D’Entrecasteaux NP

D’Entrecasteaux National Park

The park is a narrow strip of land 5 to 20 km wide which stretches along the south coast for more than 130 kilometres between Augusta and Walpole. It is the result of the amalgamation of various State forests and timber reserves, Crown land, Shire of Manjimup reserves, conservation reserves, pastoral leases and freehold purchases between the 1970s and 1990s.

Indigenous Heritage

There is evidence that Noongar people have lived in South-West Australia for over 47,000 years. The oldest archaeological evidence at D’Entrecasteaux is dated at 6000 years, although this does not mean it wasn’t occupied early than this. The traditional owners of the park are the Murram group, and the site remains an important place for them. Erosion of sand dunes within the park has revealed numerous stone artefacts, two fish traps, two quarry sites, one mythological site and one burial site. The majority of these are located around the Lake Jasper/ Meerup Dunes area, an area of particular archaeological and cultural significance to the Noongar people. Artefacts have been found 10 metres below Lake Jasper’s current water levels, indicating a number of major campsites existed here when the lake was a prehistoric forest.

European Heritage

Point D’Entrecasteaux was named in 1792 when French Admiral Bruni D’Entrecasteaux sailed past on a French scientific expedition; the park takes its name from the point. Apart from sealers and whalers, little interest was shown in the area until the 1850s, when pastoralists began to settle in nearby communities like Pemberton1 and Manjimup2. These settlers used to bring their cattle into the park to graze on summer coastal pastures, a practice which continued up to the 1980s. Some of their droving tracks were later formalised into vehicle tracks and a few of the huts they used to stay in can still be found in the park. In 1911, the iron barque Mandalay was wrecked off Mandalay Beach; the wreck can still be seen when the tides and sand are favourable.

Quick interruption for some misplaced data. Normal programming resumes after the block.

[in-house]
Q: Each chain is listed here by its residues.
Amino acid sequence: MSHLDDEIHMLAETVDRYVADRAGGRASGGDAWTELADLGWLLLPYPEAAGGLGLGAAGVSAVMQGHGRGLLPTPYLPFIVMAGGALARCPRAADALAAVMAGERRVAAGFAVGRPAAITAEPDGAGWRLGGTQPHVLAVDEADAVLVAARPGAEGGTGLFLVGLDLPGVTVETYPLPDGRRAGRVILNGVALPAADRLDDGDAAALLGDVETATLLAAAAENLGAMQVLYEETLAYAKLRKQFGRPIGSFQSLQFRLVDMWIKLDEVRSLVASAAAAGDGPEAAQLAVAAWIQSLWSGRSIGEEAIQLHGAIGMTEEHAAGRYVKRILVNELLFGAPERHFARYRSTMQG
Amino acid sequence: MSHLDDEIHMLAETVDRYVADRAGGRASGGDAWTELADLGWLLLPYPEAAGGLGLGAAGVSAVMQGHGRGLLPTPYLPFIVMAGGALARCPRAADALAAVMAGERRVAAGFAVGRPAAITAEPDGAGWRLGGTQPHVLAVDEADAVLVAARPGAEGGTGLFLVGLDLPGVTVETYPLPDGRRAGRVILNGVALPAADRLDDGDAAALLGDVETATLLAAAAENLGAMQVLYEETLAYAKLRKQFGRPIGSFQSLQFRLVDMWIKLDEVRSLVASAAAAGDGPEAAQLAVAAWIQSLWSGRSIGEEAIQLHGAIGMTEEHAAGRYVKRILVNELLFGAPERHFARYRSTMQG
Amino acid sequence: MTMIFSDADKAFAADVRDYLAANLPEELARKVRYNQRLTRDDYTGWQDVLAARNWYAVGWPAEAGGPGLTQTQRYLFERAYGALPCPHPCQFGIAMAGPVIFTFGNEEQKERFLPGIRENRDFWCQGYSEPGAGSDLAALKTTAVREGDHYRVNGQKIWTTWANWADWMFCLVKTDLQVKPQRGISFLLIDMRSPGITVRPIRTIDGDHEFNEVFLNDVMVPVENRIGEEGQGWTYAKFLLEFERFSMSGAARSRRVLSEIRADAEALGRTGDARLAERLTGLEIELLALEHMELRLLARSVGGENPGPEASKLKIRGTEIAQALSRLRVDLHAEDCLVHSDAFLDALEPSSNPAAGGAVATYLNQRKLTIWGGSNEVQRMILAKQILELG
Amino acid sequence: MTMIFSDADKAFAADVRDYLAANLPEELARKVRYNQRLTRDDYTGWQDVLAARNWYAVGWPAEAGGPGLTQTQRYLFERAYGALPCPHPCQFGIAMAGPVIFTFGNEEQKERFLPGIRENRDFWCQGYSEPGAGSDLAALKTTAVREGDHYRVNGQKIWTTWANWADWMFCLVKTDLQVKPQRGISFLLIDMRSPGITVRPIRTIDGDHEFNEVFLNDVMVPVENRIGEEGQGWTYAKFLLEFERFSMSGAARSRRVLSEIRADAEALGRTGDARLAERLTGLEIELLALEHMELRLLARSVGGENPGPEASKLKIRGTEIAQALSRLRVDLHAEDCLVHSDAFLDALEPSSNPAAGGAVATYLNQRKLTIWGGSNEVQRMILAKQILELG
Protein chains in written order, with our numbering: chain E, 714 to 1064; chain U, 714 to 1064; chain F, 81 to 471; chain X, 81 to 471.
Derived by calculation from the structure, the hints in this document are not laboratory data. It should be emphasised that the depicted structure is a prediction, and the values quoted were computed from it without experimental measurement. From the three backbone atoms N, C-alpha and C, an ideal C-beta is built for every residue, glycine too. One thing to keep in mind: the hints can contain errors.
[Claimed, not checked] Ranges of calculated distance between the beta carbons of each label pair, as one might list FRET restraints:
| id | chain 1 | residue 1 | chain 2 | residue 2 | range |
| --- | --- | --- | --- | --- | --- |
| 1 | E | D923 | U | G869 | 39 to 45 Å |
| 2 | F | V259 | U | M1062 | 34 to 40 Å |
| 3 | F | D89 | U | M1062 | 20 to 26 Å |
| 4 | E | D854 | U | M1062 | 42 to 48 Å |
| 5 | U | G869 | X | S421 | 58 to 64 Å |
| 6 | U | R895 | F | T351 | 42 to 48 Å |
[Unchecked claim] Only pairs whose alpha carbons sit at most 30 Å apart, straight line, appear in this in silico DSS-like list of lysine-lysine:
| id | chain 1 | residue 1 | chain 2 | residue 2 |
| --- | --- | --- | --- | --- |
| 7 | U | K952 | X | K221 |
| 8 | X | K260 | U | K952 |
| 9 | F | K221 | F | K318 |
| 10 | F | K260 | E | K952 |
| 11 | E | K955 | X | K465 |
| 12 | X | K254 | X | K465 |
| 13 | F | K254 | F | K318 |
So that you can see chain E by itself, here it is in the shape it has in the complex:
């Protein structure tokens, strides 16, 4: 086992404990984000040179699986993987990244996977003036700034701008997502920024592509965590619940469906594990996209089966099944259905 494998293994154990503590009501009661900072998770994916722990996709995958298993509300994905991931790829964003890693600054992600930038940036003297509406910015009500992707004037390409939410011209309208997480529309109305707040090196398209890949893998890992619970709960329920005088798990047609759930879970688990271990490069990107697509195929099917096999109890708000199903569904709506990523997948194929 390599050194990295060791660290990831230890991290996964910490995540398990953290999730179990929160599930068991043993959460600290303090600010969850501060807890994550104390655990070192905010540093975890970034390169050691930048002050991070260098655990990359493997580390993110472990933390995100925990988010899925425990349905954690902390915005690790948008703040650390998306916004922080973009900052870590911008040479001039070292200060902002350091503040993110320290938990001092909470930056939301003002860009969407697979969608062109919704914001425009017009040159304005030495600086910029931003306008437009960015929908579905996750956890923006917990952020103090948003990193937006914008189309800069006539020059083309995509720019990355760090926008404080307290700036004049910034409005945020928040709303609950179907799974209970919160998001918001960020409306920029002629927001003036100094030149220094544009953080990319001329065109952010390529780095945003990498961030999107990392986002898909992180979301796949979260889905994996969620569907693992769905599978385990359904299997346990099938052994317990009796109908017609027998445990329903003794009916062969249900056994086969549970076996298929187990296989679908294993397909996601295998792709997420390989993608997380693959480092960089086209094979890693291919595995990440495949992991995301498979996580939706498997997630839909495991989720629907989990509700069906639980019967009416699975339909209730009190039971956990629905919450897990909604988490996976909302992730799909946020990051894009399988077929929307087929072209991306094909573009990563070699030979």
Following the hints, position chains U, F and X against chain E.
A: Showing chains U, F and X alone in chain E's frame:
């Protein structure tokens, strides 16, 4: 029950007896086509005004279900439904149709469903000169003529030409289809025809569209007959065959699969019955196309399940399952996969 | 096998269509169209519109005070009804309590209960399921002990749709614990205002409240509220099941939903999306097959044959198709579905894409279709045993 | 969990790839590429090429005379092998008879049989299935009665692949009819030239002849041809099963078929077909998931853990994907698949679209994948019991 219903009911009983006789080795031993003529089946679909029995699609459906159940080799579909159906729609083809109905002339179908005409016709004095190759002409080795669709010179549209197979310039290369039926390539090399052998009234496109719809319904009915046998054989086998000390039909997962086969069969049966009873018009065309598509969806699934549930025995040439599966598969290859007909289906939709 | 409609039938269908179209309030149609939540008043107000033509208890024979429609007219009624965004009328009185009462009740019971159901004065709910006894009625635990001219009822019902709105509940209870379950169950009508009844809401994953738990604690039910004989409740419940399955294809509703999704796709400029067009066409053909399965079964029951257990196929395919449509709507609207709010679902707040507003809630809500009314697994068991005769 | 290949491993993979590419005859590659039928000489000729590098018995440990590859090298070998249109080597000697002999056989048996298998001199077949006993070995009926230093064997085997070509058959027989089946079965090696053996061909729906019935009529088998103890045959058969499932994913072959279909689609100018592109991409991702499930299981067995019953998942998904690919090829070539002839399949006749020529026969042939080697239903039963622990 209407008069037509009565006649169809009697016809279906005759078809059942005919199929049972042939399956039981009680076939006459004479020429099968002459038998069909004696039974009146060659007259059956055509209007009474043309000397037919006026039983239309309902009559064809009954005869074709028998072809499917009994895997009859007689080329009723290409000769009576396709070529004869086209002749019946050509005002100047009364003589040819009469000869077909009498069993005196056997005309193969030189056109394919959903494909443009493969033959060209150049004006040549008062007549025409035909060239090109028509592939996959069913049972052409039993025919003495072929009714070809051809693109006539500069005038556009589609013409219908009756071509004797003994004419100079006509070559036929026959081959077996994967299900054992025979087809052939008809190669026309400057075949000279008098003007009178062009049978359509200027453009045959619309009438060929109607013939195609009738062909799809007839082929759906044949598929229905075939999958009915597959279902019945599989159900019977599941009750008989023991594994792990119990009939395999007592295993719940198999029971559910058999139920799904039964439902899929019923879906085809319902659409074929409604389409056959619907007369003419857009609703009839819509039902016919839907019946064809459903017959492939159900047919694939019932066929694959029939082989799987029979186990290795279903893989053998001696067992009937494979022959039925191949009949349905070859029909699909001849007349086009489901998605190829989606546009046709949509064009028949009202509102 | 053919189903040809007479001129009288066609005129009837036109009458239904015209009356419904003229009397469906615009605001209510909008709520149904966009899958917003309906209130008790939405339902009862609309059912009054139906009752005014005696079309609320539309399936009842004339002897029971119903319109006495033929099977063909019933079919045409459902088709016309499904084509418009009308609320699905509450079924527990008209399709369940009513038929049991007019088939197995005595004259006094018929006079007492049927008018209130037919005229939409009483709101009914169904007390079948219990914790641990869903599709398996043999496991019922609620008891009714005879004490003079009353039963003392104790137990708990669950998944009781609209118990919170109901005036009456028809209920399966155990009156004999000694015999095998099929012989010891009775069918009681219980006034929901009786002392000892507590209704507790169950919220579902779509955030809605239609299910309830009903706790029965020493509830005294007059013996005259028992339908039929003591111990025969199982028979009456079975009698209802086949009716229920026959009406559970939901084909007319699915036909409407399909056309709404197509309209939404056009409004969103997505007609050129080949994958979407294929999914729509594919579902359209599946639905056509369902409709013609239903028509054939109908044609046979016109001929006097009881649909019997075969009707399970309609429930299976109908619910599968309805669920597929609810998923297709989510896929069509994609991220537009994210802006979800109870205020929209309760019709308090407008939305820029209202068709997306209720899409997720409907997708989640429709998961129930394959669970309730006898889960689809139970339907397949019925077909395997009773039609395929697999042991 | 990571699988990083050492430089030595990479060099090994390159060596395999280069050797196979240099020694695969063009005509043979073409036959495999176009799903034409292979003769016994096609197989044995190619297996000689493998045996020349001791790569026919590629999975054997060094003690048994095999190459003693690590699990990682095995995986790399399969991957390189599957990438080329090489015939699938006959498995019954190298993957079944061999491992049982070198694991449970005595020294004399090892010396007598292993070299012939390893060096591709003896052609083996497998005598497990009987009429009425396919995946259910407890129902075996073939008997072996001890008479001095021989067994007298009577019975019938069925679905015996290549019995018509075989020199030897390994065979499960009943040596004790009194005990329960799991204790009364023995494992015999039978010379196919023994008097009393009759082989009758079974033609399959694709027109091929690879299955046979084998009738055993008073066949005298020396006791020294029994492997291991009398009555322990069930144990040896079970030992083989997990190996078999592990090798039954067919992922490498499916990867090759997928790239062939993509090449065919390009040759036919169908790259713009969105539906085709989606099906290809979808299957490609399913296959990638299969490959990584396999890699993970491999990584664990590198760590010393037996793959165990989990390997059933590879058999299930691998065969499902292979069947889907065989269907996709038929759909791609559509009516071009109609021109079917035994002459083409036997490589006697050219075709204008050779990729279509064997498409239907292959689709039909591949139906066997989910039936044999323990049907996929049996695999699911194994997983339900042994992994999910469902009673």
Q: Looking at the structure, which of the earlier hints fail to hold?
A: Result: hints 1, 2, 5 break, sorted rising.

Natural Features

The park’s impressive natural features include (but are not limited to) the hexagonal-shaped basalt columns at Black Point, formed by a volcanic lava flow 135 million years ago, and the 10-kilometre-long Yeagarup Dunes, the largest land-locked mobile dune system in the southern hemisphere, which are moving into the forest at a rate of 4 metres a year. Inland from the coast is a series of lakes and swamps, including Lake Yeagarup and Lake Jasper, which is the largest freshwater lake in the southern half of the state. Major rivers which flow through the park are the Warren, the Donnelly and the Shannon.

Native Flora

Vegetation is mostly coastal heathlands, grasslands and low woodlands, with scattered pockets of karri forest. Mount Chudalup, a large granite outcrop, boasts a unique ecosystem with 42 species of moss, 28 species of lichen and 6 species of liverwort, some of which are found nowhere else. Much of the biologically diverse flora of the south-west is represented in the park, with more than 850 native plant species to be found here.

Native Fauna

D’Entrecasteaux houses a number of threatened species, including the woylie and the chuditch. It is also home to one of the last known mainland populations of quokkas. New Zealand fur-seals have been seen at Black Point. Other animals which can be seen include possums, wallabies and bandicoots. Southern right whales migrate along the coast from September to November. Sandy Island is an important nesting site for flesh-footed shearwaters (Puffinus carneipes), and Lake Jasper and Lake Maringup are recognised as two of the 5 most important wetlands for waterbirds on the south coast.

Your Safety

D’Entrecasteaux National Park is a remote area. Visitors should come prepared. Coastal risks include king waves, tidal surges and cliff collapses. Lives have been lost along this coast so please take care in and around the water. Exercise extreme caution near cliff edges especially when fishing. Supervise children at all times.

Getting there

D’Entrecasteaux National Park is approximately 20 minutes from Pemberton, or approximately 4½ hours from Perth. A few sites in the park are accessible by all vehicles, but most require a 4WD. Travelling within the park will also take some time, as tracks are sand and cannot be taken at speed.